NewERA might be the construct and responsibility of another department but Frances Fitzgerald is focused on new beginnings. With the new Government has come a new department, and soon a new child and family support agency. The vision is for a more child-focused Ireland.
The new Department of Children and Youth Affairs, established last June, was “a lot of work for the AG, and a lot of work for all of us”, bringing together a range of functions across four departments (Health, Education, Justice and the former Community and Rural and Gaeltacht Affairs) and state agencies such as the Family Support Agency.
Fitzgerald is designing a child and family support agency, led by Gordon Jeyes (HSE National Director of Children and Family Services), and hopes it will come into effect next January. “The idea is you get more focus onto children’s issues,” says Fitzgerald. “You can bring and integrate the services better when they’re in a separate agency, out from the HSE, and that agency then will do a lot of linking with public health nurses, with GP centres, community centres, and the social workers will be working under it, as will the Family Support Agency.” The Family Support Agency will be subsumed into the new agency.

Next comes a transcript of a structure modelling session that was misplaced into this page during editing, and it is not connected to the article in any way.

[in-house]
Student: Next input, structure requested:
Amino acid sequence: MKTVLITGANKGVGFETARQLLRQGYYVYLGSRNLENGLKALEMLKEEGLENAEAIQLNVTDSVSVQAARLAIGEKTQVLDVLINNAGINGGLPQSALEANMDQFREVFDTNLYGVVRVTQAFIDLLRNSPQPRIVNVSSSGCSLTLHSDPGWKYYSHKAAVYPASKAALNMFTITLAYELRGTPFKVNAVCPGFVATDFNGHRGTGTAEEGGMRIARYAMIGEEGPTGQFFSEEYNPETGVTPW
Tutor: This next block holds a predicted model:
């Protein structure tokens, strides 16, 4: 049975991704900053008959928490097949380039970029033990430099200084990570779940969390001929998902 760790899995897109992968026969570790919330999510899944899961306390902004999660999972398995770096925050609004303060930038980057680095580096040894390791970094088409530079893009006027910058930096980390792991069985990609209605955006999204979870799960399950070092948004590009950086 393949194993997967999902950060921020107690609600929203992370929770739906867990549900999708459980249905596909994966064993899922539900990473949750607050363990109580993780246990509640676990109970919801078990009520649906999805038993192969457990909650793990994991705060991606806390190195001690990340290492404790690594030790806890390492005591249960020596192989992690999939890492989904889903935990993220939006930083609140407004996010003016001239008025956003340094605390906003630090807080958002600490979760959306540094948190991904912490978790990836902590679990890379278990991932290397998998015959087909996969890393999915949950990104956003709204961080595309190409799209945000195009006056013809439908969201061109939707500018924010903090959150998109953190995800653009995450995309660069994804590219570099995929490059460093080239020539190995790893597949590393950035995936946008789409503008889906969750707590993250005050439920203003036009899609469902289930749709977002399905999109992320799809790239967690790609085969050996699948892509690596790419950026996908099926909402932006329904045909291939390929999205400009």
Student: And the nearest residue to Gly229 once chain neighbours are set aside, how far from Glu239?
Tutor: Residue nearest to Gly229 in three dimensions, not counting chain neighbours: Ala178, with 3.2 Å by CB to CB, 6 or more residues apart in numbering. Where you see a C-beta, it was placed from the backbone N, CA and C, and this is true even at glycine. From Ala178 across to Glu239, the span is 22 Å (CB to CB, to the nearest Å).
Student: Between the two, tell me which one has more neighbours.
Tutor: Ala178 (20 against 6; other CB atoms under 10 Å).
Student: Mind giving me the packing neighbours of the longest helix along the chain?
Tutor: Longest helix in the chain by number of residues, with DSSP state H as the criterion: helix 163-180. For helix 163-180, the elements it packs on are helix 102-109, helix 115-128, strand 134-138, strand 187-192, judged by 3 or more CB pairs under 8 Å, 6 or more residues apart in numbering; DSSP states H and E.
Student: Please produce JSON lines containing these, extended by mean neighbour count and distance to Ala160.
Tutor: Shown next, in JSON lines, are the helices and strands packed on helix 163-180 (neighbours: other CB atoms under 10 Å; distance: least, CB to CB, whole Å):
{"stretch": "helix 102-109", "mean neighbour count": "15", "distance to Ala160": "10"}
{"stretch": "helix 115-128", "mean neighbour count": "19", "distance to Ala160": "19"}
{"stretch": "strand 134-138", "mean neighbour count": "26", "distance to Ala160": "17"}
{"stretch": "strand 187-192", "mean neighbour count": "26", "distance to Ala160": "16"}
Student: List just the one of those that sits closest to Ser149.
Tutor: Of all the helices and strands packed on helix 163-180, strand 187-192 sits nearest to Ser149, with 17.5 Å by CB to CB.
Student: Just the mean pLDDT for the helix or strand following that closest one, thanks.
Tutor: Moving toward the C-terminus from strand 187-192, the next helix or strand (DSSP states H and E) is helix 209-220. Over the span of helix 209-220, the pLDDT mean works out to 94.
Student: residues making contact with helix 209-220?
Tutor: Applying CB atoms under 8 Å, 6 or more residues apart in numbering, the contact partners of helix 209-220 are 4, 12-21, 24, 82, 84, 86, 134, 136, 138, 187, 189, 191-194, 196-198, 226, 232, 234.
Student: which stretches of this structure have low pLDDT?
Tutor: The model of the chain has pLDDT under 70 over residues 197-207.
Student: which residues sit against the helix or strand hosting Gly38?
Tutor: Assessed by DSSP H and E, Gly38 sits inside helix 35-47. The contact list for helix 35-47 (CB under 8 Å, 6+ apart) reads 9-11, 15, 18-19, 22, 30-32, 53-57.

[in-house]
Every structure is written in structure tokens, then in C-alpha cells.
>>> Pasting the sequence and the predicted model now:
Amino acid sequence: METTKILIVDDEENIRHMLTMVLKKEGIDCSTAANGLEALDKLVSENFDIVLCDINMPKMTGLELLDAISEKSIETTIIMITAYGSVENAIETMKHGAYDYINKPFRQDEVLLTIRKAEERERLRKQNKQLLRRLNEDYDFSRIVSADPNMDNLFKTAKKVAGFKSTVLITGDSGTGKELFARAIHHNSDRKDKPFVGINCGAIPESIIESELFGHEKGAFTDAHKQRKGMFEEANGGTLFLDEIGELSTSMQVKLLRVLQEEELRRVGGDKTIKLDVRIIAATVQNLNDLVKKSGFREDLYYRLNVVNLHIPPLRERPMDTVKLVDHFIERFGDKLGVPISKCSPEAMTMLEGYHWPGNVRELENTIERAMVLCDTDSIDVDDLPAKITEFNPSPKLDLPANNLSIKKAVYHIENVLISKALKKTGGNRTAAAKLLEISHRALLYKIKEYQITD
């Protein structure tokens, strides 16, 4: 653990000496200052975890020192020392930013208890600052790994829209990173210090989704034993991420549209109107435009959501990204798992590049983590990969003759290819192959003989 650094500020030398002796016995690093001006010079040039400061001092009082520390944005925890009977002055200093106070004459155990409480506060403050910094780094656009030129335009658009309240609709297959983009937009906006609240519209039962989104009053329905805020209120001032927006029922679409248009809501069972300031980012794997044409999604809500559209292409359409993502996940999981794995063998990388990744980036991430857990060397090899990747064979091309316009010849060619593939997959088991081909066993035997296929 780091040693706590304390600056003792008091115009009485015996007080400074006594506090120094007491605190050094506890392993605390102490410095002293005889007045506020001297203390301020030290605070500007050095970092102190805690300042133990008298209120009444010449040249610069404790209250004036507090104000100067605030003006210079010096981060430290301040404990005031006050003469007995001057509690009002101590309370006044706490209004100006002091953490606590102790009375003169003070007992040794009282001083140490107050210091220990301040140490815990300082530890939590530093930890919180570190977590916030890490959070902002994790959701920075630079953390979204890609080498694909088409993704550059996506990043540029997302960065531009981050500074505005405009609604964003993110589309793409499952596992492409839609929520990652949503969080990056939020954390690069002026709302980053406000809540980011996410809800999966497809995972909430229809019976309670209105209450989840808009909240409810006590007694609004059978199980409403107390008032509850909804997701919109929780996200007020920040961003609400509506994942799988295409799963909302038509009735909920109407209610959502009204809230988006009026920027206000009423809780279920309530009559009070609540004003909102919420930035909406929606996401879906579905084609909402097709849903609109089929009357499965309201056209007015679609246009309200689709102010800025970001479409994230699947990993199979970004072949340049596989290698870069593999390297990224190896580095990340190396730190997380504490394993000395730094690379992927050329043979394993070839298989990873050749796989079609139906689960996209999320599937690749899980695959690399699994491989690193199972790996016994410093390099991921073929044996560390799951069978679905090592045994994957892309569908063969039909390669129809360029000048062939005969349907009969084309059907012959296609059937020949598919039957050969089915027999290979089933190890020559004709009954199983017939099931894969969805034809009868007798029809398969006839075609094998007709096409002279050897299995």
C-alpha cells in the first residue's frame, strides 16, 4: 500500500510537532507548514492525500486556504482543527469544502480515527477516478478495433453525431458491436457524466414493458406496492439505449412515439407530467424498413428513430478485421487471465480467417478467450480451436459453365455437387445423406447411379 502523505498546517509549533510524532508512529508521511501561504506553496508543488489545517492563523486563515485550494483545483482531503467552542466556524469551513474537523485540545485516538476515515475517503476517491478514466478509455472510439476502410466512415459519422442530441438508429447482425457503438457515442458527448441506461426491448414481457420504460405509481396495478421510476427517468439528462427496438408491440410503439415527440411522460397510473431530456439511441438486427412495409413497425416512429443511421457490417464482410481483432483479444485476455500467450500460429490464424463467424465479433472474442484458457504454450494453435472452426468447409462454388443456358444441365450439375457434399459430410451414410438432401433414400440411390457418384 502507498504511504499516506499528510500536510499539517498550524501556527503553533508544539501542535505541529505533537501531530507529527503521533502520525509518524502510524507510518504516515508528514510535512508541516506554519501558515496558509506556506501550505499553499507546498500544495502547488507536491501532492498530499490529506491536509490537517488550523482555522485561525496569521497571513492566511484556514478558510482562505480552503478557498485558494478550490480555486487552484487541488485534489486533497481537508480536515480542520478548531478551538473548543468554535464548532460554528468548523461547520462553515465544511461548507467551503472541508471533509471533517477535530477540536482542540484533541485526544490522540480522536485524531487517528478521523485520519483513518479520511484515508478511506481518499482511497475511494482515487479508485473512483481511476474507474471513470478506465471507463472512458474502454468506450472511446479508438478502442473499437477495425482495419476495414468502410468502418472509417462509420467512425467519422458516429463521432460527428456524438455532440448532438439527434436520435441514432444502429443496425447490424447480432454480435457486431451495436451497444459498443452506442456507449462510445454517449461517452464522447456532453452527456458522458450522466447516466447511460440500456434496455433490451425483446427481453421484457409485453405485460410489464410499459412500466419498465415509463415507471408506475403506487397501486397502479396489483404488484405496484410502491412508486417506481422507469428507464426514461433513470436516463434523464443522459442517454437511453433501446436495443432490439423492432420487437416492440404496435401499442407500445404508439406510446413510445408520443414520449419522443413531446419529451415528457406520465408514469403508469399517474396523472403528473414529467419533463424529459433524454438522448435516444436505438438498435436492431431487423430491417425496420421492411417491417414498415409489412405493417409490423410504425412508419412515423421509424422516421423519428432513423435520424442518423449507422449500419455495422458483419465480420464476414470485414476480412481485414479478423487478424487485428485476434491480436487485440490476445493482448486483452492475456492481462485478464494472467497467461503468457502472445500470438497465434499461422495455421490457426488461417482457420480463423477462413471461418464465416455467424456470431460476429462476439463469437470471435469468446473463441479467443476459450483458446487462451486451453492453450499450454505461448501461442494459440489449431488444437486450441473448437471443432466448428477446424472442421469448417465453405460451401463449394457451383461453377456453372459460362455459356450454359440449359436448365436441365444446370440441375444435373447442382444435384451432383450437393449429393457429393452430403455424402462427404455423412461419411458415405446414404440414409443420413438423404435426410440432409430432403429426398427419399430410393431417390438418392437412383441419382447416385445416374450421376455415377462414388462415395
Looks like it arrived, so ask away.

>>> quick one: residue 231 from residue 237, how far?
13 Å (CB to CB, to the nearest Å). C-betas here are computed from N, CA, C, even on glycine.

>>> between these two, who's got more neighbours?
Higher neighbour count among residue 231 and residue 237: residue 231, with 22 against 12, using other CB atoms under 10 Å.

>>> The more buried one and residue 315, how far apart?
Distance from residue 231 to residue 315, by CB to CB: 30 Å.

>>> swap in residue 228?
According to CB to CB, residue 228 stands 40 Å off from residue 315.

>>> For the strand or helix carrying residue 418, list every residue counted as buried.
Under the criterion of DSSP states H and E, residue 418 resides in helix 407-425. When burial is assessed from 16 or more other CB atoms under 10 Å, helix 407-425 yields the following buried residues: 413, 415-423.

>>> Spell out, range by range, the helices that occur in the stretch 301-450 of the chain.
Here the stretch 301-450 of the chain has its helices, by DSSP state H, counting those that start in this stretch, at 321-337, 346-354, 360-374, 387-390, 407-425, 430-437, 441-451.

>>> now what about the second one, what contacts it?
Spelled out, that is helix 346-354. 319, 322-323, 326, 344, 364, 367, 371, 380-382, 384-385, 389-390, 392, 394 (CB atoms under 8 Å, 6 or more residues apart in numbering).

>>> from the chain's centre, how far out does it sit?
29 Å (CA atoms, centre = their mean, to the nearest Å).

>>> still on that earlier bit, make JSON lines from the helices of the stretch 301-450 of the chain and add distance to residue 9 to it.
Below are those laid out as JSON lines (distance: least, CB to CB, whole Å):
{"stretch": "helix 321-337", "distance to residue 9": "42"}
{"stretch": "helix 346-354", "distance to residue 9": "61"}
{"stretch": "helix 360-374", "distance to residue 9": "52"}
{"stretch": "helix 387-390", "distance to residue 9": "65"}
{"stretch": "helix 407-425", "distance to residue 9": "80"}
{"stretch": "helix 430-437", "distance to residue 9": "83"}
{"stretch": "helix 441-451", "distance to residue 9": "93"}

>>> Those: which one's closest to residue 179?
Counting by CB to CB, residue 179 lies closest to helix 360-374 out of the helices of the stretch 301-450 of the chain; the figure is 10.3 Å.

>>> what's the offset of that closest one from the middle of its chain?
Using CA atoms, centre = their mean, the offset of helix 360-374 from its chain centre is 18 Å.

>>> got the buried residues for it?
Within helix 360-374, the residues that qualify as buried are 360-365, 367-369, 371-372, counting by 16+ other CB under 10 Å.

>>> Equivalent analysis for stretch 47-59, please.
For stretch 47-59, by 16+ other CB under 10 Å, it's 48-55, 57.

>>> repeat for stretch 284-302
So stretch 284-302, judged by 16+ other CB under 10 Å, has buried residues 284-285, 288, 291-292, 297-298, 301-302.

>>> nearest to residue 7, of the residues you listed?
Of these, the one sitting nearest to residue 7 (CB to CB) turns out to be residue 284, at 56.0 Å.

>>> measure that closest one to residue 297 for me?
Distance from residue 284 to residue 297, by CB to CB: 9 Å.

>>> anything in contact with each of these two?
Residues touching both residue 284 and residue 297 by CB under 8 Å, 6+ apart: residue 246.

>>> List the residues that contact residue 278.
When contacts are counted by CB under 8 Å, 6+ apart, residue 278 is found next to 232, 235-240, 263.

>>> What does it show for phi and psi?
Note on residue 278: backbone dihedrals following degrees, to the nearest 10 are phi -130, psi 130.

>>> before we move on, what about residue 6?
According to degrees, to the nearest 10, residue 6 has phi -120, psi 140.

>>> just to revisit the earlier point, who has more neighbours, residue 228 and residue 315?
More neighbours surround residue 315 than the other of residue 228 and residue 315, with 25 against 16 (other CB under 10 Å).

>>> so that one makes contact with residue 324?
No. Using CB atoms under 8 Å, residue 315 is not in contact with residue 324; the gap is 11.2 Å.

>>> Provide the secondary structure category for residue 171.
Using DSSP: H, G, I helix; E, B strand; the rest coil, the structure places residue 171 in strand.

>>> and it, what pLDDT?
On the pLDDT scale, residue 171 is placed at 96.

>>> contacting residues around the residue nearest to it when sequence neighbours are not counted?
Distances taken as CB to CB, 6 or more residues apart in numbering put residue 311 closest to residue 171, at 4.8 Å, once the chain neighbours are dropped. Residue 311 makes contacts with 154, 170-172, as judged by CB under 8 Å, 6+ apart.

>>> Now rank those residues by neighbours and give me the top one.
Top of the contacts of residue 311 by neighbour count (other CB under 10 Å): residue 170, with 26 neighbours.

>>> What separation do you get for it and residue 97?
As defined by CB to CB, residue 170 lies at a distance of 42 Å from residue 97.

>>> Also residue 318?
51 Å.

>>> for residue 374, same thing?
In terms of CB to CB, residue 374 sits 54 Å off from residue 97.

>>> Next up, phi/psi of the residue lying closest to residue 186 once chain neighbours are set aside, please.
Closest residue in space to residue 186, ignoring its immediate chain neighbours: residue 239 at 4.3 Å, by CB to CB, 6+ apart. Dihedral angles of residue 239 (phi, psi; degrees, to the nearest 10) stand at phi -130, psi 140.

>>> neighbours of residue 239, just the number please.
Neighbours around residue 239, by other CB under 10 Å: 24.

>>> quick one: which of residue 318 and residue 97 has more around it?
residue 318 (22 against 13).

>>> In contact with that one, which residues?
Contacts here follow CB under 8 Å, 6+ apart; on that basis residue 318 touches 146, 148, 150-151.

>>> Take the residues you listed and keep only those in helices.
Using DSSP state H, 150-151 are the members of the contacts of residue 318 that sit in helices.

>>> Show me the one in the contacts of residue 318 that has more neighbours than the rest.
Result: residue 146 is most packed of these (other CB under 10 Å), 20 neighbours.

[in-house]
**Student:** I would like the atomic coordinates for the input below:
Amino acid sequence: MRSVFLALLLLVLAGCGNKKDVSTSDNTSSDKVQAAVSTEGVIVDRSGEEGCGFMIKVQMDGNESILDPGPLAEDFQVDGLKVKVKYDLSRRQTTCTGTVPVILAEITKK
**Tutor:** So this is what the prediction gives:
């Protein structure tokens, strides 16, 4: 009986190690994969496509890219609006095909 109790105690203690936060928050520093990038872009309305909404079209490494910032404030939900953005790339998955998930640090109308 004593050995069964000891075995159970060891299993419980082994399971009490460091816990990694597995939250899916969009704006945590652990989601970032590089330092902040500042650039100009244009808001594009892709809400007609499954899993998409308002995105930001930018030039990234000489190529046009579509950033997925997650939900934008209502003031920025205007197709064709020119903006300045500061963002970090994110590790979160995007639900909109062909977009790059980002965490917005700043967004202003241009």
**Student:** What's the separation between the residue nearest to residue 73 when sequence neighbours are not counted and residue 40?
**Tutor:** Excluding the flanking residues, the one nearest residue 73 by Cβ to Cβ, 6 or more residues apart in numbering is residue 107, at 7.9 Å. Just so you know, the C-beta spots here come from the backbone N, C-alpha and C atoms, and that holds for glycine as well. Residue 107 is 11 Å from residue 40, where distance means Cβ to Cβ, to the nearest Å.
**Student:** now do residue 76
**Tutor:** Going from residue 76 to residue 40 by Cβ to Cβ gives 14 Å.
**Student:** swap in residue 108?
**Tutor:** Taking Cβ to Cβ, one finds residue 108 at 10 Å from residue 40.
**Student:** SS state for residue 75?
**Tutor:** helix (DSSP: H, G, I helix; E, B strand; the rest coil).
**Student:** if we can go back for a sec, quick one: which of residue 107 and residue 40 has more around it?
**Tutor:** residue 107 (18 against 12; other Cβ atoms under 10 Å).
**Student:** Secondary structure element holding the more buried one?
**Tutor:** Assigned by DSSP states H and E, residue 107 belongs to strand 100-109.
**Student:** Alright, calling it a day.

A task force chaired by management consultant Maureen Lynott, will shortly present her with the first series of reports on the proposed agency’s vision, governance and services.
“That’s a big project,” says the former social worker and family therapist. “Can I say that I know change is difficult for people in the services, and that I’ve been very encouraged by the kind of responses I’m getting from people?”
The new agency comes amidst the backdrop of a country still coming to terms with decades of significant failures to protect children. Fitzgerald is also working on legislation to put the ‘children first national guidance 2011’, on recognising, reporting and responding to child safety concerns, on a statutory basis. The Bill is on the Government’s A-list of bills to be published during this parliamentary session.